I was delighted to learn that Republican state senators Stewart Greenleaf and Mario Scavello have proposed eliminating the ludicrous exemption in the Clean Indoor Act which enables casinos to allow smoking throughout as much as 50 percent of their gambling floors, though the reasonable person knows that the 50 percent rule is a farce as smoke filters throughout the entire casino.
I value my heard-earned money too much to gamble and lose it, but I visit and enjoy state casino restaurants when I have the opportunity. Without exception, diners must travel through smoke-filled areas to reach their destinations. As miserable as it is for me and other non-smoking customers inside a casino, it is much worse for the hapless casino employee who must choose between a good job or protecting their health. That is a choice which no one should have to make. If we have a federal Occupational Safety and Health Administration to facilitate employee safety, should we not take the most basic steps to ensure that workers are not forced to be exposed to known carcinogens?
Senators Greenleaf and Scavello will have a battle on their hands. The casinos are money-wielding and powerful. That is how they were able to secure an inequitable and illogical advantage for themselves in the first place. They know that the addictive behavior of gambling goes hand in hand with the ingestion of nicotine and consumption of alcohol, and will not stand idly by if the ability to smoke in a casino is endangered. They will jump up and down and will threaten to sue the commonwealth, arguing that they would not have entered the state’s casino business had they known smoking would be prohibited. The sponsors of the bill must not allow themselves to be intimidated, and I am confident that these veterans will not be cowed.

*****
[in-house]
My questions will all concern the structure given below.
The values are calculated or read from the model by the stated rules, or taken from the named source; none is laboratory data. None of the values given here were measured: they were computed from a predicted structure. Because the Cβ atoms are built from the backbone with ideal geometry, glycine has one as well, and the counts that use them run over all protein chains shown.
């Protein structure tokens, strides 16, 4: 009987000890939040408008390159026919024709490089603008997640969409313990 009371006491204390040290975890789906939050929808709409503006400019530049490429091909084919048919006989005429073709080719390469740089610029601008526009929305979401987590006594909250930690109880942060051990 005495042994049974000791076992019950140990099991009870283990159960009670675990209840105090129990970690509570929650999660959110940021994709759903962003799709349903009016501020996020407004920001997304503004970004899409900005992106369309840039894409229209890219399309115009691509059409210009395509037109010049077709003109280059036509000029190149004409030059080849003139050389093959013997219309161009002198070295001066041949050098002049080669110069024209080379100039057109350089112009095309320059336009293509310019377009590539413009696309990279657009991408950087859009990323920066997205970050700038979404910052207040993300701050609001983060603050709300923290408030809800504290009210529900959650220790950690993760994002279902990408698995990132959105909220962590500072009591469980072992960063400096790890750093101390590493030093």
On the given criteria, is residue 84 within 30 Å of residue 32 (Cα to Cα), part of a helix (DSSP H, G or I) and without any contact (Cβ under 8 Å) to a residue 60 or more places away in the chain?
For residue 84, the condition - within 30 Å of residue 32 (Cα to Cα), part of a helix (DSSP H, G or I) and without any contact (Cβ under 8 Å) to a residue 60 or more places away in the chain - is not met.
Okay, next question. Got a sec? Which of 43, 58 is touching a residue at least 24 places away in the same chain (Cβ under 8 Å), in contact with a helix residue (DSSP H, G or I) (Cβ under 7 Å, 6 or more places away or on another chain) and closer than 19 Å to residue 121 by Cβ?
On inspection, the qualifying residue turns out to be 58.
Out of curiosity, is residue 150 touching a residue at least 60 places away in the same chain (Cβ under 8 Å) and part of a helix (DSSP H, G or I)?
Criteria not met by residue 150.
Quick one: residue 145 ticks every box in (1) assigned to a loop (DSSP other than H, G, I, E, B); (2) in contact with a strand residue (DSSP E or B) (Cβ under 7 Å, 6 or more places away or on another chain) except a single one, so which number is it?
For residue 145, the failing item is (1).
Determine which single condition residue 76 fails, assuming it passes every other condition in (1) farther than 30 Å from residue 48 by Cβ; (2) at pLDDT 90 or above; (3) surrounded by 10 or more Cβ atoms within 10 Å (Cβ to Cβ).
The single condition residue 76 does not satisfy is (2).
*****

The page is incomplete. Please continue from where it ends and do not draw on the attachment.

Twenty enlightened states, including neighboring Ohio, ban smoking at their casinos. Will sponsors of the Pennsylvania bill be able to convince a majority of their colleagues on both sides of the aisle to do what is right for the public at large? That is often a tall order in a General Assembly where many members continue to demonstrate that it delivers the finest government money can buy.
My state representative, John Maher, voted against the Clean Indoor Act, preferring to allow individuals to continue smoking in restaurants and other workplaces. How many Pennsylvanians would like to go back to those days? To my knowledge, Rep. Maher has never expressed regret or apology for voting against public health and for the self-absorbed addict. How can he be expected to vote on any measure to force casinos to look out for the non-smoking employee and patron?
Oren M. Spiegler
Upper Saint Clair